On “Original Family”

I recently came across a fraught and troubling term: the “original family”. Apparently it’s a term of art among therapists to distinguish family generations: for example, my dad, mom, brothers and I from, say, my sons, their present and future wives and my grandchildren. What’s implicit, though, is differentiation and exclusion, an assumption that the “original family” – mom, dad and siblings – stands separate and apart from an adult child’s immediate family, as if conflict and choices about priorities were settled in favor of immediate family. The catch, as always, is how to think about the priorities and when one – say a parent’s illness – demands time and even more potently, responsibilities. It is a category error that may make it easier for therapists to classify issues and to disregard the real, deep and emotional relationships between generations. It obscures the personal baggage we all carry and, frankly, excuses neglect towards elderly and extended family and relieves an adult child of responsibility and guilt in the face of negligence. The stresses of modern life, the constraints on private and immediate family time are real and ubiquitous. We may live in a time of loose definitions and easy categories, but “original family” is one we should be rid of. Family, original and immediate, is family, with all the collective varieties of personalities and their human limits implicit and with the unqualified love that binds generations together.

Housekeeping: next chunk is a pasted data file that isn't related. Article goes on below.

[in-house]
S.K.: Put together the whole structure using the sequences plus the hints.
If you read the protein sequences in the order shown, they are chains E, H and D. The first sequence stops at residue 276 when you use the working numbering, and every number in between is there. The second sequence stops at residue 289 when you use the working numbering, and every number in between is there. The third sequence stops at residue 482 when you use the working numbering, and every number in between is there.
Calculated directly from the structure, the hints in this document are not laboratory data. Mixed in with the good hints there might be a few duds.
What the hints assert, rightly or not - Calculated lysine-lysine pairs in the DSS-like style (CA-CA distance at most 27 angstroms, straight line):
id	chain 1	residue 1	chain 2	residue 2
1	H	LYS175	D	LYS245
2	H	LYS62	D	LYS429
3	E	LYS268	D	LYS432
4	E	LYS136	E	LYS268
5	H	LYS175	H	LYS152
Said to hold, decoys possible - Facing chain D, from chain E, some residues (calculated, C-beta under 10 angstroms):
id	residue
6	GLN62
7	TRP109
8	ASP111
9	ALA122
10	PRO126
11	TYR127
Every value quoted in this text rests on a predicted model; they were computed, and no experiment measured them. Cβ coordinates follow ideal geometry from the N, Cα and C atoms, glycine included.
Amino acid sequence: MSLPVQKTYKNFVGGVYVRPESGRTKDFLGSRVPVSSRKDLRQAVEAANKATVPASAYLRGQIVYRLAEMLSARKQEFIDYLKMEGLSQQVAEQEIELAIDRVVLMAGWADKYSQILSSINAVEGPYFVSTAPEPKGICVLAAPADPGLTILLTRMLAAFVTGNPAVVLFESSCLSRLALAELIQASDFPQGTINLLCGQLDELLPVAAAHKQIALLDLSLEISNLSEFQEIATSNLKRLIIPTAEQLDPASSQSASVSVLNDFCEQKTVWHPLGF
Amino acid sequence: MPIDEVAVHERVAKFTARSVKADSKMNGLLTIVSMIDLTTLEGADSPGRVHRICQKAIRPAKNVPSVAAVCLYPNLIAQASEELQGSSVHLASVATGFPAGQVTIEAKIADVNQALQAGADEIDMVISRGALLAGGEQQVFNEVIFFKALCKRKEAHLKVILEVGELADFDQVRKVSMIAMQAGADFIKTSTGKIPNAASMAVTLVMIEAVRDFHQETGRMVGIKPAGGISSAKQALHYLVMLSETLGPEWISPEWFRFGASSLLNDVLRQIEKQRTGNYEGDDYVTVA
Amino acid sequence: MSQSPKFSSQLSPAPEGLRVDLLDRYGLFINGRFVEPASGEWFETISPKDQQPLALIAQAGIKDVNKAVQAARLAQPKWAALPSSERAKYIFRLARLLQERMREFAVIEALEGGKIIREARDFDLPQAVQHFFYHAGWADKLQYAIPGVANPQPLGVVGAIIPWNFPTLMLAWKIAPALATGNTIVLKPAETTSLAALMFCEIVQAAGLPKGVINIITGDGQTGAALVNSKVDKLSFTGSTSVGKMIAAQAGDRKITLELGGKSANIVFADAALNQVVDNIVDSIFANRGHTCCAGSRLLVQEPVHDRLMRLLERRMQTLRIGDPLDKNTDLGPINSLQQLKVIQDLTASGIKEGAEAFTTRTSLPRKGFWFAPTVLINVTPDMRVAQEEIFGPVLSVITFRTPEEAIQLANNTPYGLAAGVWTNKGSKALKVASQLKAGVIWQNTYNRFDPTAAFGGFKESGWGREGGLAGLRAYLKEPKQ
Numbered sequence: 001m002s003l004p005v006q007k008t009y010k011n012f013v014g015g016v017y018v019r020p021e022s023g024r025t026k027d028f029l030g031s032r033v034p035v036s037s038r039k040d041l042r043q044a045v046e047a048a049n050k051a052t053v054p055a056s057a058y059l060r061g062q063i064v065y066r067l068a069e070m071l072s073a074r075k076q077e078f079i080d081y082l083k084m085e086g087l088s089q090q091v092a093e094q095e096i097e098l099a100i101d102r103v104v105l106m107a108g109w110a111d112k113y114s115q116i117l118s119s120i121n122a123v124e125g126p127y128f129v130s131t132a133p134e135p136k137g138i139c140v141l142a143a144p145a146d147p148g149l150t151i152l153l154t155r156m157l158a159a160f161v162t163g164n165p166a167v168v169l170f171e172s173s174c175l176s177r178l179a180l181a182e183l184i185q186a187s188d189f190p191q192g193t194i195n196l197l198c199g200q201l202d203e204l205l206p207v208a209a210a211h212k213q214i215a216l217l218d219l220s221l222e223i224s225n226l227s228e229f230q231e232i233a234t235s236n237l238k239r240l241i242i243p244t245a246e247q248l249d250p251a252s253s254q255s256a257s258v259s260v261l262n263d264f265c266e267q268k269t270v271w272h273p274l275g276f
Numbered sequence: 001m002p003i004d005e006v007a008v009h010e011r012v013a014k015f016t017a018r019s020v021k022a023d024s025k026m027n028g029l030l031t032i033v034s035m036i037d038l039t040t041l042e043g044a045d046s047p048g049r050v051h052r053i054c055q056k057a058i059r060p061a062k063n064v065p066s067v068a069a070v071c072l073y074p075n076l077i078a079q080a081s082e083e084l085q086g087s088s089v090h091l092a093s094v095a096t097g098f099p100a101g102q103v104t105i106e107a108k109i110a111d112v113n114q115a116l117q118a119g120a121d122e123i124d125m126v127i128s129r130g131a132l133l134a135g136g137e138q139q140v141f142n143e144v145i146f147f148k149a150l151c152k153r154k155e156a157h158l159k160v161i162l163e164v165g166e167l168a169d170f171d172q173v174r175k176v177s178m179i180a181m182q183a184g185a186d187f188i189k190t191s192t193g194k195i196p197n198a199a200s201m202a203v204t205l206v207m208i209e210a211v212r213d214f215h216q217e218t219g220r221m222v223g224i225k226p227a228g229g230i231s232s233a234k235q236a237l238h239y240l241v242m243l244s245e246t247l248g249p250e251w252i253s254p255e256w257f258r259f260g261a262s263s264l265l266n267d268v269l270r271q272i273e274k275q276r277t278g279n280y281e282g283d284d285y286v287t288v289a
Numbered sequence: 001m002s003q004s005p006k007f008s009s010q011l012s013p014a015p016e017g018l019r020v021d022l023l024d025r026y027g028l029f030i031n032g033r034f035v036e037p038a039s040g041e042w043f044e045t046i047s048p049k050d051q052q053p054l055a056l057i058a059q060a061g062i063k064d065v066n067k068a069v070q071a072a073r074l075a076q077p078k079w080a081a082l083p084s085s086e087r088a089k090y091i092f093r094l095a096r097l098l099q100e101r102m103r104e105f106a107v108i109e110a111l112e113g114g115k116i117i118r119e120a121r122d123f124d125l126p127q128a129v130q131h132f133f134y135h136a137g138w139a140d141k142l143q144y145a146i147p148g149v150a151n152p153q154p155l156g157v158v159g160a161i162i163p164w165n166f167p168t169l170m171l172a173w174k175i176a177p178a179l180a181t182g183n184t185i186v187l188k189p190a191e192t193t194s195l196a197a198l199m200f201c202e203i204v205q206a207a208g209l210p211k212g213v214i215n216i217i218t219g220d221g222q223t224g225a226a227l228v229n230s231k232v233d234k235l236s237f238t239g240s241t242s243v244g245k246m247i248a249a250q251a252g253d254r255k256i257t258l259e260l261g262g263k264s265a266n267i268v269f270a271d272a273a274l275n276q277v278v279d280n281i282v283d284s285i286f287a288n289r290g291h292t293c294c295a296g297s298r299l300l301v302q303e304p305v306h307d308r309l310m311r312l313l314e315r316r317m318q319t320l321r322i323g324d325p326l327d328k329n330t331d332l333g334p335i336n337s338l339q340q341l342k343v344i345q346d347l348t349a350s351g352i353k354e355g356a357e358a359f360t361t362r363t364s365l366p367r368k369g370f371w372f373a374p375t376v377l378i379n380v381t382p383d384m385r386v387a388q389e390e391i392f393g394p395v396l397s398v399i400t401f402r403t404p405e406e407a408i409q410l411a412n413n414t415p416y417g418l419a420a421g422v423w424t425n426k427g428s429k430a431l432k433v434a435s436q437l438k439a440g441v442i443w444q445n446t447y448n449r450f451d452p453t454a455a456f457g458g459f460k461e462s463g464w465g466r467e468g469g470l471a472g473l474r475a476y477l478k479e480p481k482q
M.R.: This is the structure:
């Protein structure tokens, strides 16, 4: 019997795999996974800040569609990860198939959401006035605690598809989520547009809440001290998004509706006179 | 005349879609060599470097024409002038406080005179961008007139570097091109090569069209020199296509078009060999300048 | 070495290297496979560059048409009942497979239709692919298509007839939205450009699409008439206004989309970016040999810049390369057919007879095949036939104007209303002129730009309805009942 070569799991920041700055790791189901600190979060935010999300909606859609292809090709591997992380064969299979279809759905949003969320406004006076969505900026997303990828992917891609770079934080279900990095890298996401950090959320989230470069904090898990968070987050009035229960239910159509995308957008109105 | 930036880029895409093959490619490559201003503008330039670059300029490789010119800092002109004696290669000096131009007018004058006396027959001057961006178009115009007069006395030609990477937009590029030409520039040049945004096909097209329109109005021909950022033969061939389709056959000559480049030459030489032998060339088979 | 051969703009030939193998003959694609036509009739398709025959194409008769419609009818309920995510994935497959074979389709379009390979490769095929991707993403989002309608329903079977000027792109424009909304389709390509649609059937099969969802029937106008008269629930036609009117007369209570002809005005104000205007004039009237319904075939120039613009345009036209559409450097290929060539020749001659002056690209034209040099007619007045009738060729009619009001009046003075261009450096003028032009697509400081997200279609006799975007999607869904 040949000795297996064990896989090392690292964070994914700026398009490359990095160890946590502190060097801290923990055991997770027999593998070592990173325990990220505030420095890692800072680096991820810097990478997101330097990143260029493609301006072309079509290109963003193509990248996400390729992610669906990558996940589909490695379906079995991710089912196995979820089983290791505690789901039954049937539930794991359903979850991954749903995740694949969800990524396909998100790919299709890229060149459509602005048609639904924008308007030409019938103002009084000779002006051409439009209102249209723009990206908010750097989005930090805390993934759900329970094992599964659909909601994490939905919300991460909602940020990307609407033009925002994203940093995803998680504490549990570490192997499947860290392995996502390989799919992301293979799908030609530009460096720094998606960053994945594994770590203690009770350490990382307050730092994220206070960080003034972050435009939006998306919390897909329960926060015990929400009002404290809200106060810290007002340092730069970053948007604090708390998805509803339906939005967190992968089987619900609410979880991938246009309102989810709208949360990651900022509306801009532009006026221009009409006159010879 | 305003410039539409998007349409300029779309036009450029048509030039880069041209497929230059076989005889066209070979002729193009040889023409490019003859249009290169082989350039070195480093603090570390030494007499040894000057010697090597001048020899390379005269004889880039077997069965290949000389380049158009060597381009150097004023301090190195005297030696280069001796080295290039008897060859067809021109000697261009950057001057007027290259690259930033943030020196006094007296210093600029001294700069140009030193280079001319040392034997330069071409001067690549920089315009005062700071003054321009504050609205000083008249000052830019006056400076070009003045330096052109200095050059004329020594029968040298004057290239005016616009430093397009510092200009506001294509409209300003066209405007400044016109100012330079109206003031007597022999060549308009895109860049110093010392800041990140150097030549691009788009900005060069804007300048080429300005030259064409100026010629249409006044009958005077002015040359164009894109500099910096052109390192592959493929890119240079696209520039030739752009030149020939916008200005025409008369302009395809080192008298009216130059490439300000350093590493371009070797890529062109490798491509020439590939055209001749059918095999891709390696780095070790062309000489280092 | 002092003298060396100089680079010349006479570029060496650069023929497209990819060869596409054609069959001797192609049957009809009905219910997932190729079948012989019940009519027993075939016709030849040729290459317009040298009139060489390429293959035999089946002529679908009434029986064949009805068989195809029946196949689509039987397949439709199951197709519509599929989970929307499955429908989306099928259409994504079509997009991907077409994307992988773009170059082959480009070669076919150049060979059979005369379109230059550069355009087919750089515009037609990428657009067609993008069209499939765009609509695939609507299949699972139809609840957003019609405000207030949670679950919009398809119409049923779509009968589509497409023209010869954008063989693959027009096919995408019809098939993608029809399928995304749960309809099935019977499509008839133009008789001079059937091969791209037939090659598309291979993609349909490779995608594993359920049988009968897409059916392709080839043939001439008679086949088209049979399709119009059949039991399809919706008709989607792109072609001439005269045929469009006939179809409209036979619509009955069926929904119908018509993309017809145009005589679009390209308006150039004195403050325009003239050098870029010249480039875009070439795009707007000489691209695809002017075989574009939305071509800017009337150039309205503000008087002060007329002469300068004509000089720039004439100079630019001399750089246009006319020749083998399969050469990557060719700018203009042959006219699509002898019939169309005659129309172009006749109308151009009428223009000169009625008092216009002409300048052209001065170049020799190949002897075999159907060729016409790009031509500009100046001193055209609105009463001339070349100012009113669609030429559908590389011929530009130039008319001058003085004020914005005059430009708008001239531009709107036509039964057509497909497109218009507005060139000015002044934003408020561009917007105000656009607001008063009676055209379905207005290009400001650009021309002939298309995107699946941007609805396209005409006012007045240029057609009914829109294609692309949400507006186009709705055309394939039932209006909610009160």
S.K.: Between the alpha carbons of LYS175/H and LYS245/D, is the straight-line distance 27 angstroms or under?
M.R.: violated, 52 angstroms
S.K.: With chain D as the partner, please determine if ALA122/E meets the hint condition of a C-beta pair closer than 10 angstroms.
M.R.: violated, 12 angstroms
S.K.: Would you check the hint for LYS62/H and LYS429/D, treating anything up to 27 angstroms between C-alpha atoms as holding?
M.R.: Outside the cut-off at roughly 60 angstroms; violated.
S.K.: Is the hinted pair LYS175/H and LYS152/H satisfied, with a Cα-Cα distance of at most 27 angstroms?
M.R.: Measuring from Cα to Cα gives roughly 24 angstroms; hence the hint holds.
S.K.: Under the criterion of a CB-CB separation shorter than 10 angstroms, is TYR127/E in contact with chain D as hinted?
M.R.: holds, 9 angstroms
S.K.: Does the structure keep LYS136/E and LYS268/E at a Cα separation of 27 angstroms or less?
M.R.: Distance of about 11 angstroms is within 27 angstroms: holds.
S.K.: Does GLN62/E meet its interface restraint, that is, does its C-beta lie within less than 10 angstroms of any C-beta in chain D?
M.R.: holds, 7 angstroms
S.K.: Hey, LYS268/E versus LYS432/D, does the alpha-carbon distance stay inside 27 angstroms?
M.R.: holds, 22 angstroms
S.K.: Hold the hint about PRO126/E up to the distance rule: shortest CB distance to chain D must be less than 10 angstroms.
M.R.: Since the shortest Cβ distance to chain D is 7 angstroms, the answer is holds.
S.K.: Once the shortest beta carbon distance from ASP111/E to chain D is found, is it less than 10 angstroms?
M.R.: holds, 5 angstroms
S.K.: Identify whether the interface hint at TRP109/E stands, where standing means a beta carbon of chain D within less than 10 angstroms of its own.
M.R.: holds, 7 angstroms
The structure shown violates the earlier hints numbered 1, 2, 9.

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From “East Coker”: T.S. Eliot

Home is where one starts from. As we grow older
The world becomes stranger, the pattern more complicated
Of dead and living. Not the intense moment
Isolated, with no before and after,
But a lifetime burning in every moment

There are only two things that can destroy a healthy man

There are only two things that can destroy a healthy man: love trouble, ambition and financial catastrophe. And that’s already three things, and there are a lot more.

Peter Altenberg (1859-1919)